Fleetwood Mac and landslides that lead to blessing

Amanda Cleary Eastep

Well, I've been afraid of changing

'Cause I've built my life around you

But time makes you bolder

Even children get older

And I'm getting older too

Oh, I'm getting older too

- “Landslide,” Fleetwood Mac

I had been singing these lyrics in the shower for weeks in anticipation of the Oct. 4 Fleetwood Mac concert in Chicago. Between the stellar acoustics and the sinus infection, I sounded exactly like Stevie Nicks.

At this point in my life, Nicks’ “Landslide” holds more meaning for me now than when I sang it in front of my bedroom mirror in the early ’80s. Next year could bring a landslide of change: a son marrying, one daughter graduating college and the other leaving for the mission field.

And there’s me at the foot of the mountain bracing for impact.

Nicks faced a potentially major change in her life when she wrote the song in the ’70s. She sang those words on stage at Chicago’s United Center after decades of changes, and I was listening to her with my 17-year-old daughter and 68-year-old mother. 

The band itself experienced a change this year with the return of keyboardist and vocalist Christine McVie after a 16-year hiatus. Nicks was my favorite band member when I was rocking out to Tusk as a teen, but I was struck by McVie’s recent interview with the Chicago Sun-Times. I like that McVie is 71. That she overcame a debilitating fear of flying. That she admitted her intended paradise of a house in the country had instead become a reclusive way of life that was not really living. And that she once again answered the call of the music.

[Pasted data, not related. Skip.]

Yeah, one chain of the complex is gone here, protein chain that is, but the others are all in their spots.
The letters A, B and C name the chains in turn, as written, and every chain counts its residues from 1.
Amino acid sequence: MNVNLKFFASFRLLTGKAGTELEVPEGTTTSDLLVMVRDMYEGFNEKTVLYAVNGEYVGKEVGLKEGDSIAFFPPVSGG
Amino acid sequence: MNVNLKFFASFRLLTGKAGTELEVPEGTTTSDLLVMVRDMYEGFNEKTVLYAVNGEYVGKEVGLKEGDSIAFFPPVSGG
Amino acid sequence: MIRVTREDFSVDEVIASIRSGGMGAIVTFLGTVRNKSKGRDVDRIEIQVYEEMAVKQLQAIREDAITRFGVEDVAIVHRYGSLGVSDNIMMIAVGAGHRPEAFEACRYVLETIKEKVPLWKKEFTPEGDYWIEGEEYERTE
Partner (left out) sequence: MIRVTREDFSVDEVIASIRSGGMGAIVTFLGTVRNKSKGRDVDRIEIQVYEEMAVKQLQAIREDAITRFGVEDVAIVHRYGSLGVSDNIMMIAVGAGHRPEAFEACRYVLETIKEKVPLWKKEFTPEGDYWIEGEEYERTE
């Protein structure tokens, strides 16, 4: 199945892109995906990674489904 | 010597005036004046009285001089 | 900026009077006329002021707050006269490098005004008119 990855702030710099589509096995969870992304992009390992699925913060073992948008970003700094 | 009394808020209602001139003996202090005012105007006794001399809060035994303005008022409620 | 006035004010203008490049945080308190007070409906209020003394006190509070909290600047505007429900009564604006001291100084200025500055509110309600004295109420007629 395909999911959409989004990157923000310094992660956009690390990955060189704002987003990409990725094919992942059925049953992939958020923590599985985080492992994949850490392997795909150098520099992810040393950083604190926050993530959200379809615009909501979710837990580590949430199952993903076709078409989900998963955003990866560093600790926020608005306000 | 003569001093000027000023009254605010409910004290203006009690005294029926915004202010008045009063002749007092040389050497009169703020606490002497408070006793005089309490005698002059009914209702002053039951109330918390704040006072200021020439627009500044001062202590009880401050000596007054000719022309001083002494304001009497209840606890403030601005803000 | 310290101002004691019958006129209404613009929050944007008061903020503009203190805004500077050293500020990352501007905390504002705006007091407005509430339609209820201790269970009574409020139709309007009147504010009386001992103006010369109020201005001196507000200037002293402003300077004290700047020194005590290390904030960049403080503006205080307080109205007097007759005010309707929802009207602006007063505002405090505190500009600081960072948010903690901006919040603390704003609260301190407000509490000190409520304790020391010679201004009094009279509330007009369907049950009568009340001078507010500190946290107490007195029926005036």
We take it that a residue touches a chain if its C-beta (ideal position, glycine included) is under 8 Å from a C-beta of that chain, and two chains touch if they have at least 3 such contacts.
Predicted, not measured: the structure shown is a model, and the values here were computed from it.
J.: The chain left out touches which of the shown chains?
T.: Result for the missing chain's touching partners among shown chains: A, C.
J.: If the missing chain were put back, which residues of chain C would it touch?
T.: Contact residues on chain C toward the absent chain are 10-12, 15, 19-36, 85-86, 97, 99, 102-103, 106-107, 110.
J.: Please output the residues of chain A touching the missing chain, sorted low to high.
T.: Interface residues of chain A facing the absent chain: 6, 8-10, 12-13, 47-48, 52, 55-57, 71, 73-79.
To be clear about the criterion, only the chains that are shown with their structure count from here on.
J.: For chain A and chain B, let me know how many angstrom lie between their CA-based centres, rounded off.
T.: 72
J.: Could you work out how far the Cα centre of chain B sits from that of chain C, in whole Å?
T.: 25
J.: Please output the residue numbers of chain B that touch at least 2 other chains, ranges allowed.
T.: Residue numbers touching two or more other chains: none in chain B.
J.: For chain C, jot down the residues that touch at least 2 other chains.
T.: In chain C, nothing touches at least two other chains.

The songbird returned to the nest. What a change for her. For the band. For the fans.

Thousands of us witnessed it that night, probably contemplating the changes in our own lives. Sitting beside my mother and my daughter, who admitted a secret I shared at her age (“I have a little crush on Lindsey Buckingham”), how could I not be hyper-aware of transition? The audience - mostly middle-aged parents only standing up to get another beer or go to the bathroom - reflected it.

Our loving God continuously summons us out of our pretend paradises.

On stage, Fleetwood Mac spent over two hours performing the music that had once only emanated from the Sears stereo I got for my 13th birthday. That music now showed me how “Don’t stop thinking about tomorrow, it’ll soon be here” was prophetic.

My children are getting older. Am I bolder? Or am I fearful of flying?

McVie’s story reminded me of the way we can pull away from things like our life’s work or God. We create a reclusive life in the country with our dogs believing that will make us happy and keep us safe. Our fears - whether of flying or failure or change - become our refuge.

But our loving God continuously summons us out of our pretend paradises. The Book of James talks about change. Not so much changes around us, but the changes we need to make in order for us to draw close to God. “Come near to God and he will come near to you.”

As McVie closed the second encore with “Songbird,” I felt happy. For her, for the band, for three generations loving the same music and for myself, because witnessing McVie’s comeback made me feel braver about the anticipated changes in my life.

My Tusk album is packed away in my parents’ basement, although I have never stopped listening to Fleetwood Mac’s music. That’s what makes great music. Even if it doesn’t speak to us in the way it did when we were 17, it may hold new meaning for us at 47.

Today I’m older and a little bolder, and I understand that change, no matter how difficult, can eventually bring a landslide of blessing.

Topics: Music, Culture At Large, Arts & Leisure, Home & Family, Family